WASHINGTON (Reuters) - The United States in certain cases will consider waivers for countries that need more time to wind down imports of oil from Iran as it seeks to avoid disrupting global oil markets while reimposing sanctions against Tehran, U.S. Treasury Secretary Steven Mnuchin said.
“We want people to reduce oil purchases to zero, but in certain cases if people can’t do that overnight, we’ll consider exceptions,” Mnuchin told reporters on Friday, clarifying some U.S. officials’ comments that there would be no exemptions. Mnuchin’s comments were embargoed for release on Monday as other U.S. officials were expected to begin talks in India this week on cutbacks in Iranian oil supplies.
Mnuchin spoke to reporters while en route from Mexico, where he was part of a high-level U.S. delegation led by Secretary of State Mike Pompeo to meet Mexico’s next president, Andres Manuel Lopez Obrador.
The Trump administration is pushing countries to cut all imports of Iranian oil from November, when the United States reimposes sanctions against Tehran. Trump withdrew from the multi-national 2015 Iran nuclear deal against the advice of allies in Europe and elsewhere.
A delegation from the U.S. State Department and U.S. Treasury are expected for talks in Delhi this week to discuss Iran sanctions, according to Indian officials. U.S. crude oil exports to India hit a record in June as Indian refiners moved to replace supplies from Iran and Venezuela.
Andrew Lipow, president of Lipow Oil Associates in Houston, said India was expected to ask the United States to ensure adequate global oil supplies as Washington presses countries to cut back on Iran oil.
“That might include pressure to release oil from the Strategic Petroleum Reserve, which the administration indicated they were considering on Friday,” said Lipow.
“To put things in context, if we were to look at Iran in total, it’s exporting roughly 2.2 million barrels a day of sales, of which half is going to both China and India,” he said. “It’s very important for the U.S. to get India on board with the sanctions policy.”
Mnuchin said he would meet with counterparts from developed and developing countries during a G20 finance ministers’ meeting in Buenos Aires this week. U.S. sanctions against Iran are likely to be raised in his talks on the sidelines of the event.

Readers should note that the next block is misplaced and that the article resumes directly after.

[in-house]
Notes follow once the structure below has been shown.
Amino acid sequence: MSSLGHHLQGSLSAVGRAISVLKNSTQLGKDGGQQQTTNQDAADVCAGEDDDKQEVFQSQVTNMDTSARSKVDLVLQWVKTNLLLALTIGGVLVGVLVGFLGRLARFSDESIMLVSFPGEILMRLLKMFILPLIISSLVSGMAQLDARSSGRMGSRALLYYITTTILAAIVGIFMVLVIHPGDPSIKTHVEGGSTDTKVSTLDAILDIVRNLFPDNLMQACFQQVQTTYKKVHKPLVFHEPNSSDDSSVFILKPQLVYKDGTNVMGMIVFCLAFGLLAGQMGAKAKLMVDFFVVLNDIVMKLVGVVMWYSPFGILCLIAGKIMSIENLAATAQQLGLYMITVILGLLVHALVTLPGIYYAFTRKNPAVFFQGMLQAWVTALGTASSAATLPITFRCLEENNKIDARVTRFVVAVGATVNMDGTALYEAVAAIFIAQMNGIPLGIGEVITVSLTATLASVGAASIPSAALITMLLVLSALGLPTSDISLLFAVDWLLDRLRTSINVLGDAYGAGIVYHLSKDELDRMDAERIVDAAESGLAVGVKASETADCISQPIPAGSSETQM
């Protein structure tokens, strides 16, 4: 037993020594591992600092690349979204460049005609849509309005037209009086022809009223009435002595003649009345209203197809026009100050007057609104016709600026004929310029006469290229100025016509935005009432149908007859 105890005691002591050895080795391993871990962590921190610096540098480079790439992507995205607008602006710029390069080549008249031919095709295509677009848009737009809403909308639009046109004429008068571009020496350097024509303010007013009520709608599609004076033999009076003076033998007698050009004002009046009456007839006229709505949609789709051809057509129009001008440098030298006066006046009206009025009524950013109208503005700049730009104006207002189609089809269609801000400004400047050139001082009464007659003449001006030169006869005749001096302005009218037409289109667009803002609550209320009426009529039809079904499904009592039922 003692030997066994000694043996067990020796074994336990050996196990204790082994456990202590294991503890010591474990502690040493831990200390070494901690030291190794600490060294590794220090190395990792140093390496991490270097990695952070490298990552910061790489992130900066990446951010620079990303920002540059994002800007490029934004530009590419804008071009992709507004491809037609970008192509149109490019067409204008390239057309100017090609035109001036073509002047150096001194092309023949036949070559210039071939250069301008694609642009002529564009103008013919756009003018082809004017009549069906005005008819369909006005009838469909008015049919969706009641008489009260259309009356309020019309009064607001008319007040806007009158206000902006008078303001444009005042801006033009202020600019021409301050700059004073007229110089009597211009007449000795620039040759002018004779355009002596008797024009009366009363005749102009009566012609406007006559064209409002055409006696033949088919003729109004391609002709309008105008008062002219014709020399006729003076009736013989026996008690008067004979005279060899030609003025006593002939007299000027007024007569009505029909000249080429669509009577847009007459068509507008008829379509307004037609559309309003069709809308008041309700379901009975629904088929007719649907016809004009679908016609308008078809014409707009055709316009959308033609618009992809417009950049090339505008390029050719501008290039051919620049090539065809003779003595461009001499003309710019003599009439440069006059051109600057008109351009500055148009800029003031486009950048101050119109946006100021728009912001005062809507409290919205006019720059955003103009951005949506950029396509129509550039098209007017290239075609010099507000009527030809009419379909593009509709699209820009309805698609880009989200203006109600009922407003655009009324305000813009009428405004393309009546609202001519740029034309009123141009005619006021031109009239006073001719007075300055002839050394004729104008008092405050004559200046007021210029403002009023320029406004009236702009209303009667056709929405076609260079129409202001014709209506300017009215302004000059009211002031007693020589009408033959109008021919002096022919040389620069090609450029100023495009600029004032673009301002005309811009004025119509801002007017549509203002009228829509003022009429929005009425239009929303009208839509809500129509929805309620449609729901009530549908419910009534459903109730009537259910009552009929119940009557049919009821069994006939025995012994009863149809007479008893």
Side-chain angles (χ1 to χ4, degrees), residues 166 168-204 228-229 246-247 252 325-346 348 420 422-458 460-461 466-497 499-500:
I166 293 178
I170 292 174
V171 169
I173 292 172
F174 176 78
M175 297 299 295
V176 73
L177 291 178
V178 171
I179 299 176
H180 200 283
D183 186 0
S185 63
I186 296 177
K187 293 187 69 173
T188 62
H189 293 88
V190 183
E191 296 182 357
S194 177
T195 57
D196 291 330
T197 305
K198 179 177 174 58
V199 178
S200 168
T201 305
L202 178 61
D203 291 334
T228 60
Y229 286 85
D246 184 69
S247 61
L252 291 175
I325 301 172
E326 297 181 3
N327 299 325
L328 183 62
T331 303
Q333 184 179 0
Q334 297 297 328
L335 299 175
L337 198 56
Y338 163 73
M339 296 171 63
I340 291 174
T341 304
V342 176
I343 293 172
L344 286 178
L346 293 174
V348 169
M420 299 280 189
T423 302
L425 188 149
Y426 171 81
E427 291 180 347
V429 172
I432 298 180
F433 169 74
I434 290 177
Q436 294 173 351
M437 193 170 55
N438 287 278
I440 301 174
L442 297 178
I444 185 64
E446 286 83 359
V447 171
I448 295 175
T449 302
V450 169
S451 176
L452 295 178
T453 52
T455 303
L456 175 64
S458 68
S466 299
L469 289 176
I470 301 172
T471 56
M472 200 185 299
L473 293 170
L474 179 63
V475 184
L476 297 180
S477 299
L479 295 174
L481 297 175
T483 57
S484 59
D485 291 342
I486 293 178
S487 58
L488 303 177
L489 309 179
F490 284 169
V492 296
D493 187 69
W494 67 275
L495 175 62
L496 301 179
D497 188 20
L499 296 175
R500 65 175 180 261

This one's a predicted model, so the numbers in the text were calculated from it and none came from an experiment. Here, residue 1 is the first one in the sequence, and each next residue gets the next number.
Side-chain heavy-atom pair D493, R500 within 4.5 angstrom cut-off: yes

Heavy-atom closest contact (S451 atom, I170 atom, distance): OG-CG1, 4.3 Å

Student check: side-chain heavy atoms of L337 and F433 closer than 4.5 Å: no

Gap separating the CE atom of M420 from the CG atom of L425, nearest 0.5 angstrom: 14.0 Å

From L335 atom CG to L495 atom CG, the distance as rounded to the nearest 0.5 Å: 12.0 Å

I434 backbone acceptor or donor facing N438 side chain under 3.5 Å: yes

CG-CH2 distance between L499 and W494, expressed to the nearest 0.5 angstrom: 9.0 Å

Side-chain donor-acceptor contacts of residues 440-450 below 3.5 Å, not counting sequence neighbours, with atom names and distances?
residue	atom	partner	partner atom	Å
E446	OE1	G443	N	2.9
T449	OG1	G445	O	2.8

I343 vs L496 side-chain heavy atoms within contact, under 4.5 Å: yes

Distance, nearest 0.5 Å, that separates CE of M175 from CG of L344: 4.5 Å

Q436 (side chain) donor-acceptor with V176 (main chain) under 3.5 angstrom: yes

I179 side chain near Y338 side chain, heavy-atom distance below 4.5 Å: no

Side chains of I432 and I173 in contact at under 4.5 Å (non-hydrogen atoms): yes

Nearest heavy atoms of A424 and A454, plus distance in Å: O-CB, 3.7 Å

“We’ve said very specifically, there’s no blanket waivers, there’s no grandfathering,” Mnuchin said. “We want to be very careful in the wind down around the energy markets to make sure that people have the time.”
“The State Department has the ability to issue waivers around significant reductions in the oil markets. That’s something that Treasury and State will be doing,” he said.
Mnuchin said Washington had made clear to allies that it expects them to enforce the sanctions against Iran, “but if there are specific situations we’re open to listening.”
French Finance Minister Bruno Le Maire said over the weekend that Washington had rejected a French request for waivers for its companies operating in Iran, according to Le Figaro.
Paris had singled out key areas where it expected either exemptions or extended wind-down periods for French companies, including energy, banking, pharmaceuticals and automotive.
The Trump administration has said more than 50 foreign companies have withdrawn their business from Iran since Trump announced the U.S. was withdrawing from the 2015 nuclear deal between Iran and the United States, Germany, France, Britain, China and Russia.
Pompeo, also speaking to reporters on Friday, said he had discussed U.S. plans to reimpose sanctions on Iran with “all but one” country. He did not name the country he had not yet consulted.
“What they’ve asked us to do is review how we get there and the timeline for that,” he said. “I’m very confident they understand.”
Iranian Foreign Minister Mohammad Javad Zarif tweeted on Monday that Iran had filed a complaint with the International Court of Justice in the Hague against unilateral U.S. sanctions.
“Today Iran filed a complaint @CIJ_ICJ to hold US accountable for its unlawful re-imposition of unilateral sanctions,” Zarif tweeted. “Iran is committed to the rule of law in the face of US contempt for diplomacy & legal obligations. It’s imperative to counter its habit of violating int’l law.”
The court could not be reached for comment.
Iranian President Hassan Rouhani, in remarks carried live on state television on Saturday, said Washington was more isolated than ever over sanctions against Iran, even among its allies.
His comments appeared to be trying to ease local concerns fueled by Trump’s decision to withdraw from the nuclear deal with Iran.
The likely return of U.S. economic sanctions has triggered a rapid fall of Iran’s currency and protests by bazaar traders usually loyal to the Islamist rulers.
Trump has said he asked Saudi Arabia to raise oil production if needed to ensure global oil supplies and the country has 2 million barrels per day of spare capacity.
The Organization of the Petroleum Exporting Countries (OPEC)agreed with Russia and other oil-producing allies on June 23 to raise output from July, with Saudi Arabia pledging a “measurable” supply boost, but giving no specific numbers.
Reporting by Lesley Wroughton,; Additional reporting by Stephanie Kelly in New York; Editing by Phil Berlowitz and Bill Berkrot